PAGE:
Students make a stellar impact through high-altitude balloon experiments
The balloon reached about 30 km or 100,000 ft above the surface of the Earth, which is more than three times the height reached by an average aeroplane, and its entire flight was captured on camera.
The final year students organised every aspect of the flight, from what is needed to carry a cargo of relevant instruments needed to collect data – known as an instrument payload – to obtaining flight authorisations from the Civil Aviation Authority, as well as launching and safely recovering the experiments upon landing.
"To work as a team, see the experiment lift off and then recover the payload was a great learning experience. Out of this world really!"— Third-year physics student Jordan Wolken
In addition to being a stunning location to capture images of the Earth, high altitude balloons can be used for many research purposes. With temperatures of up to minus 60 degrees and a very thin atmosphere, this environment offers a platform to test instruments and materials before making the more expensive journey into space itself.
One student experiment investigated cosmic rays, which are high energy particles that flow into our solar system from outer space.
Third-year physics student Jordan Wolken was part of the team. He said: “It was amazing when all the elements for the balloon launch came together. To work as a team, see the experiment lift off and then recover the payload was a great learning experience. Out of this world really!”
"This is applied learning that reflects elements of the skills required to provide our students with the opportunity to step in careers in the growing UK space sector."— Robert Walsh, Professor of Astrophysics at UCLan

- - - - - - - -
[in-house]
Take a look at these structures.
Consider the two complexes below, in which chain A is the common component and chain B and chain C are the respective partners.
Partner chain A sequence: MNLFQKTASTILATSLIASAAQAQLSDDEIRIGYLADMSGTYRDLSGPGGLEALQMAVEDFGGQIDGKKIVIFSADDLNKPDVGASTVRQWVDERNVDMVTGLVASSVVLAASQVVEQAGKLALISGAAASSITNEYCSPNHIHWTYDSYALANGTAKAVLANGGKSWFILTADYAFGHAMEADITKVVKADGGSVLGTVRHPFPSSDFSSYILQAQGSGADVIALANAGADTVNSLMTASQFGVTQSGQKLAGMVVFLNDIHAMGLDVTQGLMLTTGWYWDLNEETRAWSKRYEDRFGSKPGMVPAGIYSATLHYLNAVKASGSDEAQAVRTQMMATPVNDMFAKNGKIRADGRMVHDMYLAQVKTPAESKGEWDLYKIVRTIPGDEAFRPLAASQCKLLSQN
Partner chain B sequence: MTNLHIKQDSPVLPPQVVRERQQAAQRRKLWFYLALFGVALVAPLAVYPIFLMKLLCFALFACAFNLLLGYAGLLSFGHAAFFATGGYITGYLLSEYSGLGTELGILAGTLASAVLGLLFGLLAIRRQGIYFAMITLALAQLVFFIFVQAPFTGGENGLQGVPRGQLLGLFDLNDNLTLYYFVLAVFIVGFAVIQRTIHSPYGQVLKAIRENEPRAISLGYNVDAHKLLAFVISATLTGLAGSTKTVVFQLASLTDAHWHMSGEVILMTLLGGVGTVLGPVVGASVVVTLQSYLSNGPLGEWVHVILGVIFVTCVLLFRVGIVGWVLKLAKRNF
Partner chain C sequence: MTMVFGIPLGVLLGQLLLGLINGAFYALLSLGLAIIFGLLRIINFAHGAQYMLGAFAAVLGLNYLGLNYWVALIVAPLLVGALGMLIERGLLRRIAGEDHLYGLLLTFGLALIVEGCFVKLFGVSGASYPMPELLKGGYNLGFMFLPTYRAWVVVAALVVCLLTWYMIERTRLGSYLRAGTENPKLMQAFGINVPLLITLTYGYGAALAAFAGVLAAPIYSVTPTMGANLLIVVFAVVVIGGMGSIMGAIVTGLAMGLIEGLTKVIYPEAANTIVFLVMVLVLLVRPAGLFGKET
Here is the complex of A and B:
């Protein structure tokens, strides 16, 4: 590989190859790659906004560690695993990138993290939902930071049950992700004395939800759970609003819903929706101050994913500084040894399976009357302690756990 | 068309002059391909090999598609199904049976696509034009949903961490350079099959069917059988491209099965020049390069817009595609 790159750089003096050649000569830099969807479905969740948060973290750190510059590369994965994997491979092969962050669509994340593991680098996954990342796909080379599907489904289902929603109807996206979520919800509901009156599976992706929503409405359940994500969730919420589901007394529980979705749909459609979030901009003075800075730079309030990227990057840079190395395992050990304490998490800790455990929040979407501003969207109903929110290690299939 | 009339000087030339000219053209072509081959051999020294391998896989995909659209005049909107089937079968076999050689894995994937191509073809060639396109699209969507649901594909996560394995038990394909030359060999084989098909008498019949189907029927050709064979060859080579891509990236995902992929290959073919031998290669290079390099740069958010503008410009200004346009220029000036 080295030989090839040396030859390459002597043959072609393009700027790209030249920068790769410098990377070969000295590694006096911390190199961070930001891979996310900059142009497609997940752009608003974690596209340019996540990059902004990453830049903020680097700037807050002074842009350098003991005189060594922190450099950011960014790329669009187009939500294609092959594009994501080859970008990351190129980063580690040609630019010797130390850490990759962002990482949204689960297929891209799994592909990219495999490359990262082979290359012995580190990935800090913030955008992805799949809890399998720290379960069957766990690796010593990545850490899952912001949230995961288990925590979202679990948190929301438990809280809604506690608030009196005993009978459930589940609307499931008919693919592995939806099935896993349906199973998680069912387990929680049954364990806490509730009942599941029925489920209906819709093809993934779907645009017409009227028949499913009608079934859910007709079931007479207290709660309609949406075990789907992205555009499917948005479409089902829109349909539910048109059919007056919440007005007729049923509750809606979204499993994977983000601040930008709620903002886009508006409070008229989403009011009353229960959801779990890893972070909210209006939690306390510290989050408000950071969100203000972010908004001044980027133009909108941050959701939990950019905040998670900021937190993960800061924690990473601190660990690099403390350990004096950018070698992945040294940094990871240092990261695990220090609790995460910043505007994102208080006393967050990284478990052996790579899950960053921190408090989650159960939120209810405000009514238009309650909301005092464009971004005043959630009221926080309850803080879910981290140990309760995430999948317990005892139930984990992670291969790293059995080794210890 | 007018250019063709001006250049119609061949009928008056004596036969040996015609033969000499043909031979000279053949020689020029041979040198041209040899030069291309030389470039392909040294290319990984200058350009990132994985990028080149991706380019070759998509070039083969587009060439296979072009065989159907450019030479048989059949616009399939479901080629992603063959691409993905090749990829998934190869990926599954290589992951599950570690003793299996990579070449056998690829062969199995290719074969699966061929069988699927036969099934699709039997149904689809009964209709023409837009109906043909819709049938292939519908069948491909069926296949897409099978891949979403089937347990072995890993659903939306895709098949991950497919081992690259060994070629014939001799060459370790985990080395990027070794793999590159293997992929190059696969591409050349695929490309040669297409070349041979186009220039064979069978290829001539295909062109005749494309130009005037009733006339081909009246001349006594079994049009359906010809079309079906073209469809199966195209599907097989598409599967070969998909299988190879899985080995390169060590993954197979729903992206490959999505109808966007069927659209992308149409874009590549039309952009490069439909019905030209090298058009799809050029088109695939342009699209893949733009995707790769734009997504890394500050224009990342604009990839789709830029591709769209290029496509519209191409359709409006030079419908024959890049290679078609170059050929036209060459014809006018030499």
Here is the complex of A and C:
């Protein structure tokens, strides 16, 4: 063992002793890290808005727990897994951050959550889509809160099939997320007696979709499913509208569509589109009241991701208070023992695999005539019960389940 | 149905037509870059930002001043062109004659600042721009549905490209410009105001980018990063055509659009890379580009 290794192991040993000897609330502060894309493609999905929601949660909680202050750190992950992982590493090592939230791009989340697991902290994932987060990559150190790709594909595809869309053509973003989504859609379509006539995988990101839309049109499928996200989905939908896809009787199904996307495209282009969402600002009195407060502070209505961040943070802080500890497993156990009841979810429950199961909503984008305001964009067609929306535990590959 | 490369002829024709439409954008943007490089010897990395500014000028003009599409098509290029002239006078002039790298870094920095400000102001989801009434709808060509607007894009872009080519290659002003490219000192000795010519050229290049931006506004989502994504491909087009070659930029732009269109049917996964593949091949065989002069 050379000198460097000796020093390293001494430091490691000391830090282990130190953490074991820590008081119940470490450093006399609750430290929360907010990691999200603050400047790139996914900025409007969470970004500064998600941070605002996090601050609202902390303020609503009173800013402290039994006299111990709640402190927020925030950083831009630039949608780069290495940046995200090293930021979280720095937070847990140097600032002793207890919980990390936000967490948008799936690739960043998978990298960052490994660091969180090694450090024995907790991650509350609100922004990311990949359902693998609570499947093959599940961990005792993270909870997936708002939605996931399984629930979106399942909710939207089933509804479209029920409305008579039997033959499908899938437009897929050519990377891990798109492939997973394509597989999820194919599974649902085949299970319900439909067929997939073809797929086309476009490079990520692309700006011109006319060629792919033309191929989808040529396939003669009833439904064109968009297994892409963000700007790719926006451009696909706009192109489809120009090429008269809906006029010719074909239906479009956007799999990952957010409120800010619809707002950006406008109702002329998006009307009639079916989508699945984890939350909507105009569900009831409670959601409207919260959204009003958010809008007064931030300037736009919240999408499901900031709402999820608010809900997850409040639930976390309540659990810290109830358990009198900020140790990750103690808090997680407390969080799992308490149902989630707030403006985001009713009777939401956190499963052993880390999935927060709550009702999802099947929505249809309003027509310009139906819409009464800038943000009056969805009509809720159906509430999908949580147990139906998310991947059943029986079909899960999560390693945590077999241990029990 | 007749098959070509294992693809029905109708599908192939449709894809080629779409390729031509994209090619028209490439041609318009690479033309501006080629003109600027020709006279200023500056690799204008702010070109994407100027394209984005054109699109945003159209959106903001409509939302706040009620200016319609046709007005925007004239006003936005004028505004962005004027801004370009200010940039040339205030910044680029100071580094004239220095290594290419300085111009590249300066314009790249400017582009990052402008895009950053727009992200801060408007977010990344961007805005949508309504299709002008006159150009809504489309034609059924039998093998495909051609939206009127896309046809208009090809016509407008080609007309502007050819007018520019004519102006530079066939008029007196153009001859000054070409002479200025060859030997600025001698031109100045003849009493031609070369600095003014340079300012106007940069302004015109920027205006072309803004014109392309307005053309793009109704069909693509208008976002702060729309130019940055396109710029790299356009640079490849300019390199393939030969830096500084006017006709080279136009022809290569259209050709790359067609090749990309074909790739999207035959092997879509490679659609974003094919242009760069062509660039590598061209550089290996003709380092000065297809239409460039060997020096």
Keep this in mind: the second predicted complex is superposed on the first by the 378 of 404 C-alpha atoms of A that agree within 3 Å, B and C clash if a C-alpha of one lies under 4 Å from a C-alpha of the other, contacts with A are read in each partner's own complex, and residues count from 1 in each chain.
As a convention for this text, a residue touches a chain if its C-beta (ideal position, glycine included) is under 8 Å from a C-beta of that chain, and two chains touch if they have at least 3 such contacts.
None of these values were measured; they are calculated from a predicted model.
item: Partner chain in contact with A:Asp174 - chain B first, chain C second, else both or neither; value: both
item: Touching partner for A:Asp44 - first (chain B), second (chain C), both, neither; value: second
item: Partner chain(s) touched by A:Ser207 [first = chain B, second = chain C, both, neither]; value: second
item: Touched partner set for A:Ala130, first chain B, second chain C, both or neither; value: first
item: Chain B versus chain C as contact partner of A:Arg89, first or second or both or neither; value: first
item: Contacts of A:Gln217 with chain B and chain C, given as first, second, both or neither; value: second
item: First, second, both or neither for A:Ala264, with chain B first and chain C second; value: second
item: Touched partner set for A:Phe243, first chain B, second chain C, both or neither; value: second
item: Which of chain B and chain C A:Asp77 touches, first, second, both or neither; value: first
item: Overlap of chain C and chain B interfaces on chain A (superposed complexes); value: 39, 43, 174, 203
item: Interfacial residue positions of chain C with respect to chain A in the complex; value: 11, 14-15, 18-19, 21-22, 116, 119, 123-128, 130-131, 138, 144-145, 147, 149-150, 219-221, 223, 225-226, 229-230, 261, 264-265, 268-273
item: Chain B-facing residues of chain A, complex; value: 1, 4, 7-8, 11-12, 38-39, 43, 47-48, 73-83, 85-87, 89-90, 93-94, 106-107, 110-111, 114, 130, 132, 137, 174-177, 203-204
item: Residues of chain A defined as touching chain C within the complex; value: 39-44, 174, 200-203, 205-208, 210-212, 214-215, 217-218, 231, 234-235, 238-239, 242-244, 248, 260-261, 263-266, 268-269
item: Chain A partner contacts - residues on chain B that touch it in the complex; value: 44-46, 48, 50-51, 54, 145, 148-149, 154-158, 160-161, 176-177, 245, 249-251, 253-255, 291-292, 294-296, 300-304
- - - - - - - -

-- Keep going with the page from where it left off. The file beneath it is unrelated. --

Robert Walsh, Professor of Astrophysics at UCLan, said: “It was excellent working with students from both physics and engineering to plan and launch the balloon experiments. This is applied learning that reflects elements of the skills required to provide our students with the opportunity to step in careers in the growing UK space sector.”
Dr Kirijen Vengadasalam, Senior Lecturer in Engineering, added: “The planned mission was very successful, the payload was recovered, and we are now in the process of analysing the flight data. This is the sort of hands-on experience students at UCLan thrive upon – and it’s also a lot of fun!”
The balloon was released from the events venue Valiants UK, Out Rawcliffe, just north of Preston. Valiants owner Edgar Wallace said: “What a fabulous privilege it was to assist the UCLan students to launch the high-altitude balloon. It was a successful event, enjoyed by us all and we hope to work with the University again in the near future.”
UCLan has been involved in similar balloon tests on previous occasions. In the first experiment of its kind, UCLan researchers explored the practical applications of exploiting graphene in the UK space industry through the launch of specially designed graphene-enhanced carbon fibre material using high altitude balloons.